Tucker Carlson and Rachel Maddow fought it out for top spot with their analysis of the news.

    The most-watched program of the evening was “Tucker Carlson Tonight” on Fox with 3.443 million total viewers and 727,000 in the demographic. “The Rachel Maddow Show” was second with 3.354 million total viewers, but was first in the demographic with 873,000 viewers. […]

    Fox did win the first hour after the Comey news broke at 6 p.m. ET in both the 25 to 54 demographic and in total viewers, with 527,000 viewers from the demographic tuning into “Special Report with Bret Baier” and capturing 2.895 million viewers overall.

    CNN’s “Situation Room” finished second at 6 p.m. ET with 522,000 in the demographic and 1.789 total million viewers. MSNBC was third with 341,000 in the demographic and 1.414 million total viewers.


    Cheering for Rachel Maddow!

    What I see here is that the ratings gorilla, Fox News, is shrinking over time and MSNBC is slowly gaining more viewers. I used to think Fox was unbeatable, now I see them as wounded, outdated, losing steam. (Whole bunch of mixed metaphors there, but you get the idea.)

  144. blf says

    Great! Students boo and turn backs on Betsy DeVos at graduation (video): “Graduating seniors at Bethune-Cookman University, a historically black college in Florida, protested Betsy DeVos’s commencement speech on Wednesday. Students loudly booed and turned their backs on the US education secretary as she was speaking. DeVos drew ire in February when she said historically black colleges were ‘pioneers’ of educational choice”.

  145. blf says

    Follow-up to @217, Betsy DeVos booed while giving commencement speech in Florida:

    The education secretary was drowned out by jeers upon taking the podium at the historically black Bethune-Cookman University and cut her address short

    [… Betsy] DeVos […] was drowned out by jeers upon taking the podium and at numerous points throughout her speech.


    DeVos strained to overcome the hecklers, often raising her voice. The crowd had erupted in boos at the very mention of her name by Edison Jackson, the university’s president […]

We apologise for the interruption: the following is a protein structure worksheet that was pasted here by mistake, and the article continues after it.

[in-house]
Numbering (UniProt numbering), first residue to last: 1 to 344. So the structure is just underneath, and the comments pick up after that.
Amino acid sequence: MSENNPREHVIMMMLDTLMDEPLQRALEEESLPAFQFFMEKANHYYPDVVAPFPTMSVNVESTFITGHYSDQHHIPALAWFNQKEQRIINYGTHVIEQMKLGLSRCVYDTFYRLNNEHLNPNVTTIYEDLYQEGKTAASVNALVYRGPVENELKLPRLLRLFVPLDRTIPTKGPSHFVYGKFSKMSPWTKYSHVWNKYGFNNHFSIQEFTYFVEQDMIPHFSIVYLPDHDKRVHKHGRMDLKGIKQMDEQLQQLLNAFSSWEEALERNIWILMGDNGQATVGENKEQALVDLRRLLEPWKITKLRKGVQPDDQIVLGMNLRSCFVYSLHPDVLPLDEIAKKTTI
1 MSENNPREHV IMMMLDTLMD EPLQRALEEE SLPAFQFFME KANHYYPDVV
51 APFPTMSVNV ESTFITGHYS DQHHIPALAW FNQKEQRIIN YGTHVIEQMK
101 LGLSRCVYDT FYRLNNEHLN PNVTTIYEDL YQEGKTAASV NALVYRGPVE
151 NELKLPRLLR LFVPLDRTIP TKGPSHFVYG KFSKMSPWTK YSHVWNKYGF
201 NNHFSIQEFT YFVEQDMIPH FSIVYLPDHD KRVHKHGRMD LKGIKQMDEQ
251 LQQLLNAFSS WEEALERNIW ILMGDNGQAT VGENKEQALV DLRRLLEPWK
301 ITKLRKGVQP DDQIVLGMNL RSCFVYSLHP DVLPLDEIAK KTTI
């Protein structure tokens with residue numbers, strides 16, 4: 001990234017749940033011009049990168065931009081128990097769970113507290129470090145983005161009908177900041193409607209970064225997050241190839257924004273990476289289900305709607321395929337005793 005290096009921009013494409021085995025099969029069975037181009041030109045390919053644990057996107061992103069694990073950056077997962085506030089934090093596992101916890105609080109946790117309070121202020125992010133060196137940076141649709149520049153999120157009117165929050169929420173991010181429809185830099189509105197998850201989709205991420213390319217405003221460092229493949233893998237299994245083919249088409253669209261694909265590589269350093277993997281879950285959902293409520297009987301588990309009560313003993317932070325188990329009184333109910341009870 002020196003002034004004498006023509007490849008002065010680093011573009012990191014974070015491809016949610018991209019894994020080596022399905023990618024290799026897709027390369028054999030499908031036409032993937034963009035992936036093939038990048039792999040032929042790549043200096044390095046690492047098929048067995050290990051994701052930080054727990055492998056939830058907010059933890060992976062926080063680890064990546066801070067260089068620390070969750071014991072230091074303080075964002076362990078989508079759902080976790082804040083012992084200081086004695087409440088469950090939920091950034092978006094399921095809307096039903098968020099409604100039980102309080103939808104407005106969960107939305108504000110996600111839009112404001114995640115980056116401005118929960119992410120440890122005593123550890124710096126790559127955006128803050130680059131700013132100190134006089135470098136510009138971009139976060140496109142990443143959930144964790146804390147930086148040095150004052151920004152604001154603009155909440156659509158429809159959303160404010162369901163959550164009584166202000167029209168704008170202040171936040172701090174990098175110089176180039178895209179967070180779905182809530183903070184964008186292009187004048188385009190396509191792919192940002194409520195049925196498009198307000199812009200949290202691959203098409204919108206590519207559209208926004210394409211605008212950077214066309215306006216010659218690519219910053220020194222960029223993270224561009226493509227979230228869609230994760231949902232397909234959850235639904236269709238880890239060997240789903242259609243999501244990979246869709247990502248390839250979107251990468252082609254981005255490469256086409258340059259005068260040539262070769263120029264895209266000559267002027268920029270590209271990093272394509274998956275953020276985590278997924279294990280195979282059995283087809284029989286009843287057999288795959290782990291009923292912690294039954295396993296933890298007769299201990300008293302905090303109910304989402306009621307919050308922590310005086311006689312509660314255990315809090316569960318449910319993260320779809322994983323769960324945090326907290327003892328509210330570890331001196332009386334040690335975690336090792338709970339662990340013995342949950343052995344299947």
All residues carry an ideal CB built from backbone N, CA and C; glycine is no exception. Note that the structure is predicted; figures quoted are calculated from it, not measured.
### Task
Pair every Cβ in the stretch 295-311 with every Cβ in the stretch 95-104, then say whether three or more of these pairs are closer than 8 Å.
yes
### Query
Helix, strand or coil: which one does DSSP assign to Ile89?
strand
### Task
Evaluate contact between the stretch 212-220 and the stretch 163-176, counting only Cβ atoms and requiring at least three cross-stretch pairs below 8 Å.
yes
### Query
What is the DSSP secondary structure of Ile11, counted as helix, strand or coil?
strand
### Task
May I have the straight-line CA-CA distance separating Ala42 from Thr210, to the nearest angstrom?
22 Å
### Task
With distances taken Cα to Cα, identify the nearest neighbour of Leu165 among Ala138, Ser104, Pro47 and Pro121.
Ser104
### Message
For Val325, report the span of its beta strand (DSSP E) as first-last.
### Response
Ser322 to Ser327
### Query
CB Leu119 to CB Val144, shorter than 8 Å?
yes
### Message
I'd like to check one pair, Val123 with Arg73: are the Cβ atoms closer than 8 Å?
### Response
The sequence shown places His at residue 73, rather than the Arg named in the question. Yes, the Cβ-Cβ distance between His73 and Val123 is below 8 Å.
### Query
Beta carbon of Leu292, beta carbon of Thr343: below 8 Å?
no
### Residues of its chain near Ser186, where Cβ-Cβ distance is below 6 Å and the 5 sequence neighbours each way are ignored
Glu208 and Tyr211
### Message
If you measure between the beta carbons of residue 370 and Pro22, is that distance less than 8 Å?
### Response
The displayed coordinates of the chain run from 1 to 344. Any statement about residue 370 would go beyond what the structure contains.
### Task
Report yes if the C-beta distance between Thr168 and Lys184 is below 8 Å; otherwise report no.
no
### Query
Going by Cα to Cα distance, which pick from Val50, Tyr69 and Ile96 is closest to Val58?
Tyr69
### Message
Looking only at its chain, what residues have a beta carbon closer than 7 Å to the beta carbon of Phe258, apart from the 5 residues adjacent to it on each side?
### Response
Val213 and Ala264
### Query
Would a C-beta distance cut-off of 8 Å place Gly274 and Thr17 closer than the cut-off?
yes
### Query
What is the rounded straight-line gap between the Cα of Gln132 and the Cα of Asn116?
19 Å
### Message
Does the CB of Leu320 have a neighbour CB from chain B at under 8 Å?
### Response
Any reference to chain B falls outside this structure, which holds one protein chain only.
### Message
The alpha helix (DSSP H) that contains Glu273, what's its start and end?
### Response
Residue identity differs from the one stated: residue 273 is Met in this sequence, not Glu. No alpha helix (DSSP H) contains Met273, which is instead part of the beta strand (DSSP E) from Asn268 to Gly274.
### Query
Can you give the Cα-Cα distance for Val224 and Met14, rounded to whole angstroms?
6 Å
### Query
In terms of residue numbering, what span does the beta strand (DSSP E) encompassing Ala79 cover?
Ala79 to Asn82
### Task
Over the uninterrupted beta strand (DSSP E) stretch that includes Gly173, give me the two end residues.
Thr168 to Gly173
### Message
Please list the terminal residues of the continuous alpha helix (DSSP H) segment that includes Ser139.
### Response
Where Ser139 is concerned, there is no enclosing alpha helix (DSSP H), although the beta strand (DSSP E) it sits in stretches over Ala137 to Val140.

DeVos finished her remarks in 20 minutes, as opposed to the one hour of allotted time. Photos and video of the event showed roughly half of the 380 graduates turning their backs on the education secretary, who was confirmed by the US Senate in February only by a historic tie-breaking vote cast by the vice-president, Mike Pence.


    Molotov cocktails would be appropriate.

  146. says

    Rachel Maddow presented a great segment this evening that profiled Comey’s acting replacement, Andrew McCabe. We should be worried. The Maddow link is not yet up. We can add that later.

    Some background material:

    [….] McCabe, who is considered to be well-respected inside the FBI, recently surfaced in reports that Trump’s chief of staff sought agency help to knock down stories about Russia and the campaign late last year. [….]

    In February, senior Trump administration officials told reporters that McCabe pulled White House chief of staff Reince Priebus aside to say a New York Times report that said the FBI was examining evidence of contacts between Trump aides and Russians during the campaign was inaccurate. […]

    He said the NYT story was “B.S.” That story was not B.S. And why was McCabe talking to Priebus about an on-going investigation?

  147. says

    How strange. They added this to the beginning of the NYT story?

    By the end, neither of them thought much of the other.

    After President Trump accused his predecessor in March of wiretapping him, James B. Comey, the F.B.I. director, was flabbergasted. The president, Mr. Comey told associates, was “outside the realm of normal,” even “crazy.”

    If he in fact told associates that, he was plainly right. No expert judgment required.

  148. says

    From my link in 223:

    Mr. Comey started receiving daily instead of weekly updates on the investigation, beginning at least three weeks ago, according to people with knowledge of the matter and the progress of the Federal Bureau of Investigation probe. Mr. Comey was concerned by information showing possible evidence of collusion, according to these people.

  149. says

    “Comey’s Firing Came as Investigators Stepped Up Russia Probe”:

    In the weeks before President Donald Trump fired FBI Director James Comey, a federal investigation into potential collusion between Trump associates and the Russian government was heating up, as Mr. Comey became increasingly occupied with the probe.